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Me and my cousin used to play pretty much the exact same variant of handball that Devon mentions. Usually with a little power ball or cat toy ball. 

We would play a game called Guerrilla Warfare which is basically the same as army but more extreme.  It was exclusively played at night in a certain field and instead of pretend guns and grenades we'd have carte blanche to twat each other with sticks and lob stones at each other.

Another game we'd play was we had to split in to teams and build a den then take it in turns to try and destroy the others den. We'd been digging a trench in the guerrilla warfare field and it got turned in to a near indestructible bunker reinforced by all the logs and bricks that had been lobbed at it.

There weren't many girls on our estate.

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I was lucky enough to grow up in a cul de sac where five of the houses had children and we were all a similar age. This meant that most evenings and weekends there were around 10 kids knocking about, with even more coming in from nearby streets. The year is 1995, and a new game is invented....

Slip 'n' Slide

At least ten kids, on bikes, at the end of the cul de sac. There are two rules.
1) You must keep your bike moving, and if your foot touches the floor its game over.
2) You must sing Don't Look Back In Anger at the top of your voice (we thought the song started with the lyrics "Slip 'n' Slide"!)

Cue chaos as kids are being launched off their bikes by the bigger kids whilst shouting Oasis badly

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46 minutes ago, Hannibal Scorch said:

Curbsy you face a friend across the road and the idea is to throw a football at the curb for it to go up in the sky and you to catch it. Play continues until the ball hits the floor and then you swap. 

Yeah, this game was played everywhere. But we played with different rules; you got 1 point for a standard two-handed throw, 2 pts for a one-handed throw, 5 pts for a two-handed facing away throw and a mega 10 pts for a one-handed facing away throw. If you caught the ball in mid-air, then you got to step in middle of the road and fire the ball rapidly into the kerb, getting 1 point for each hit, and you could keep going for as long you caught the ball after each bounce and you didn't slow down.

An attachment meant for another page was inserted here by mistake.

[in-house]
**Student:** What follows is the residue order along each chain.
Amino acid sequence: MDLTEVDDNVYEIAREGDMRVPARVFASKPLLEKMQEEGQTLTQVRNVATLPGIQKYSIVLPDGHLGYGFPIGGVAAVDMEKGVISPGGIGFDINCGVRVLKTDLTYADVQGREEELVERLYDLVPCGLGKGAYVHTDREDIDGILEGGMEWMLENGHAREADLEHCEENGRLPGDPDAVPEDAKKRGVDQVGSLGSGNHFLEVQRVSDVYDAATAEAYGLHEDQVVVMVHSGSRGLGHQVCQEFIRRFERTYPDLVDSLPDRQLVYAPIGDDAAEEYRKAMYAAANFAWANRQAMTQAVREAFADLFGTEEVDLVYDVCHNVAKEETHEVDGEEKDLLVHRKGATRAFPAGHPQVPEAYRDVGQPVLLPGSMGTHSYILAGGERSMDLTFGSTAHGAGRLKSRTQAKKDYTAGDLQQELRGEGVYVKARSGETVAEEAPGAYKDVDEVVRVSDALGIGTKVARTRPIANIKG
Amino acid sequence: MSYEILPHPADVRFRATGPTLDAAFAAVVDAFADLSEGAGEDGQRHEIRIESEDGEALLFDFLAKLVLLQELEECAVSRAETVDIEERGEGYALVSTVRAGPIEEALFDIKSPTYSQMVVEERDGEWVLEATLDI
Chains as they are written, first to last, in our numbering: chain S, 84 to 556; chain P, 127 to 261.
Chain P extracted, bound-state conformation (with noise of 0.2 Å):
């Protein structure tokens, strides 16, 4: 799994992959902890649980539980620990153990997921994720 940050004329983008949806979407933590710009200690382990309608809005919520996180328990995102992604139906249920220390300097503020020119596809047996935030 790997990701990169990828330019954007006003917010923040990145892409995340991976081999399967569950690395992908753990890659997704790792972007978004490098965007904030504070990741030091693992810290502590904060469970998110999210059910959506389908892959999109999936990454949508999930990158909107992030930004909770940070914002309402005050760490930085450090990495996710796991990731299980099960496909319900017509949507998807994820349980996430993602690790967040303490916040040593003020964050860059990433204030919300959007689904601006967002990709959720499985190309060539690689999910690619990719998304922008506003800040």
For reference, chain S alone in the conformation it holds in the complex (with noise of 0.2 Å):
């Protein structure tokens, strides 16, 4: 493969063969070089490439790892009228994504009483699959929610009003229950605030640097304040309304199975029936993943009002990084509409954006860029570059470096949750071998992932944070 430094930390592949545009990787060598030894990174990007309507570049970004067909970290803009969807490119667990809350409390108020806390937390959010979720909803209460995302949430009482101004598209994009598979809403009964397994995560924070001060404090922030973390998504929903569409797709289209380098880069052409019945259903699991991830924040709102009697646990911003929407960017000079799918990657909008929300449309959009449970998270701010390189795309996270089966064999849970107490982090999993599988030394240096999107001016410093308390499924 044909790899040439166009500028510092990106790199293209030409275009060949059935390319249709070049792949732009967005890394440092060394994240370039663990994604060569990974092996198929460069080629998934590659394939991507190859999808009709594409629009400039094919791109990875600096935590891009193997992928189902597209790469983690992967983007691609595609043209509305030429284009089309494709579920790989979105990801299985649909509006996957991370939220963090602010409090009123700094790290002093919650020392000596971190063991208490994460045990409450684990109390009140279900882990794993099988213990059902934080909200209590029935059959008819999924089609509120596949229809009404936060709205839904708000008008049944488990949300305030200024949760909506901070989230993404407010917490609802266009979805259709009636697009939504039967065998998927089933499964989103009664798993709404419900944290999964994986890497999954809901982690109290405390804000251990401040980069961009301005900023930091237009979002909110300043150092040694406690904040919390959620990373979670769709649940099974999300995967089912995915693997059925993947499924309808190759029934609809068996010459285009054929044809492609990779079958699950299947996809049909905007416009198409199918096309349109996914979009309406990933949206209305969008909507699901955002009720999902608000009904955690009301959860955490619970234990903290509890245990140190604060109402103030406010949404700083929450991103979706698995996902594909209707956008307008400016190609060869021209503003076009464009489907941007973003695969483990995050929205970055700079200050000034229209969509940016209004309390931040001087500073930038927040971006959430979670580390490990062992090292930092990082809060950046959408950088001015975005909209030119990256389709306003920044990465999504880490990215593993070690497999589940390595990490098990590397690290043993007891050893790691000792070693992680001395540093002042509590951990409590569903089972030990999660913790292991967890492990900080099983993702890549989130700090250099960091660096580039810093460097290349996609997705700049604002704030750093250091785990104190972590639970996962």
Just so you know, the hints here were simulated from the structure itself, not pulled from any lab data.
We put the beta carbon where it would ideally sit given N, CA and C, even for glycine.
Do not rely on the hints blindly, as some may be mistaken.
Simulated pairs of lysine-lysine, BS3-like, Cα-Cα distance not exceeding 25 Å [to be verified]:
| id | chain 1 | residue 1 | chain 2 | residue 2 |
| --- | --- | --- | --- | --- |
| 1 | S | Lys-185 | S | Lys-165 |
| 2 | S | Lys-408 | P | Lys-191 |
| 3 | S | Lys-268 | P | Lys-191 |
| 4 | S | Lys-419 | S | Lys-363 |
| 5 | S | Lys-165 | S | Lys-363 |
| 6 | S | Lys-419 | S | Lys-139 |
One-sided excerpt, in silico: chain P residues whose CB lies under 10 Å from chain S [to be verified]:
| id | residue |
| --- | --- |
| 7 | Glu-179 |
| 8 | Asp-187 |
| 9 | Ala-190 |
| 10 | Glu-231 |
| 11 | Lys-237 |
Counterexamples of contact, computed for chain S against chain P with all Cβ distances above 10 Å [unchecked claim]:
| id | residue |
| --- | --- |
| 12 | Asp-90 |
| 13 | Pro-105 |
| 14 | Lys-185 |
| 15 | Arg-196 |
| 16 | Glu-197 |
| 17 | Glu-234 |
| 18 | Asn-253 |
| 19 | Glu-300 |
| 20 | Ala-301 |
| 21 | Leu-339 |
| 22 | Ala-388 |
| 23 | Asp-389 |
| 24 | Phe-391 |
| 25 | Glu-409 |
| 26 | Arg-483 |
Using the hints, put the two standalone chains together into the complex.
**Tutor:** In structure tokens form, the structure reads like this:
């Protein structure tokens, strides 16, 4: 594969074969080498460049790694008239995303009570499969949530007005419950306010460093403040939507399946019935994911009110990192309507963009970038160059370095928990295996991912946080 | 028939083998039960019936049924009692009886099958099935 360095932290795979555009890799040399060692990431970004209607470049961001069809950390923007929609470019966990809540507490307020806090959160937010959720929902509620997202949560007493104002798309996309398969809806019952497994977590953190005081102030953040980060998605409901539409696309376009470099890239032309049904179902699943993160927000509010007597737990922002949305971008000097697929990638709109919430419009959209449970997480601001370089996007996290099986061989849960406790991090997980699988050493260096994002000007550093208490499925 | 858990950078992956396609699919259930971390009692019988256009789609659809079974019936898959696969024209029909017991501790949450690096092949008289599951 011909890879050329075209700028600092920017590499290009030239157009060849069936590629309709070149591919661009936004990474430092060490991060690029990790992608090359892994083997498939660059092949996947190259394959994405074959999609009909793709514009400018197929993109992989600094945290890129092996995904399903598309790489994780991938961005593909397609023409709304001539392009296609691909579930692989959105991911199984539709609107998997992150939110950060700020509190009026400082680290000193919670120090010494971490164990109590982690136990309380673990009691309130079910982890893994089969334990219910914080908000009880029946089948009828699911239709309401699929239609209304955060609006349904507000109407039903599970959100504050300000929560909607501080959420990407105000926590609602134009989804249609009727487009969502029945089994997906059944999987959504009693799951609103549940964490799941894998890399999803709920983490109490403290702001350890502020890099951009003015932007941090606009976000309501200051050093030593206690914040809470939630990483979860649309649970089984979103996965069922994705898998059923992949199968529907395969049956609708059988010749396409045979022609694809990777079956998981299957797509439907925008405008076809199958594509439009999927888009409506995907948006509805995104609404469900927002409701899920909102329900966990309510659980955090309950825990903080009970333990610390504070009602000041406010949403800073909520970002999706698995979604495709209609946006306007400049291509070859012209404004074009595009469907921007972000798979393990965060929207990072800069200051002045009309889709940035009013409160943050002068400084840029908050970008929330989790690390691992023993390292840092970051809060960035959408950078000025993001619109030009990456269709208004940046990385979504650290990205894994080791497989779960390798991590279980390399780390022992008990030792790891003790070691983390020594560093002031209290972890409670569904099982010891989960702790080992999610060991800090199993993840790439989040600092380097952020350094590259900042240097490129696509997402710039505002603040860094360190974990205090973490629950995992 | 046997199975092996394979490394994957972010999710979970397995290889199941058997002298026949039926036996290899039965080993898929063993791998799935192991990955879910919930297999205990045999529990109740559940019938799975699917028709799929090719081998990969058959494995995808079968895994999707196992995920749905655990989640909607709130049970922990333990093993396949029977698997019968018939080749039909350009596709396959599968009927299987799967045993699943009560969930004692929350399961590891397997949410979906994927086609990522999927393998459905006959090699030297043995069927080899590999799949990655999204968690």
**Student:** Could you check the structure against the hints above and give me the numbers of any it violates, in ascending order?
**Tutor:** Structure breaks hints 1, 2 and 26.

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When we were banned from the field at Primary school in bad weather, we'd play a version of football on the playground with a squashed tin can. About 20 aside and the goal was the whole width of the kerb at either end. Tons of inadvertant players. Mass chaos. Nearly impossible to score. So much fun.

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3 hours ago, Hannibal Scorch said:

Curbsy you face a friend across the road and the idea is to throw a football at the curb for it to go up in the sky and you to catch it. Play continues until the ball hits the floor and then you swap. 

Anyone heard of this game called hide & seek by any chance?

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5 hours ago, SuperBacon said:

Chuck was big at primary school.

Two teams of 5 in the playground, length of the netball pitch. You're not allowed past your third of the pitch marking. You throw the tennis ball and it has to bounce in your opponents last third, whilst they try and stop it going past them for a goal. Simple.

This sounds genuinely brilliant, like it could be a legit sport somewhere.

Edited by Arch Stanton
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Less a game and more a mugging, but Bundles was the best month I had at school. 

Our form room in year 10 was a dilapidated DT hut miles away from where teachers bothered to check. Consequently, we started playing Bundles, a game that involved rugby tackling other players in the room as we moved around the edge and piling on as high as you could possibly get. The rest of the year pretty soon caught on and we ended up having about 50 kids causing utter carnage.

Highlights included one bundle where the ceiling was reached and another where I attempted to do a Swanton bomb on to the pile and kicked James Daley straight in the face as he stood up. The staff eventually cottoned on to the situation due to the ludicrous amount of people turning up at the school nurses office with concussions and sprains and posted Mr Davies outside as sentry.

Edited by Gus Mears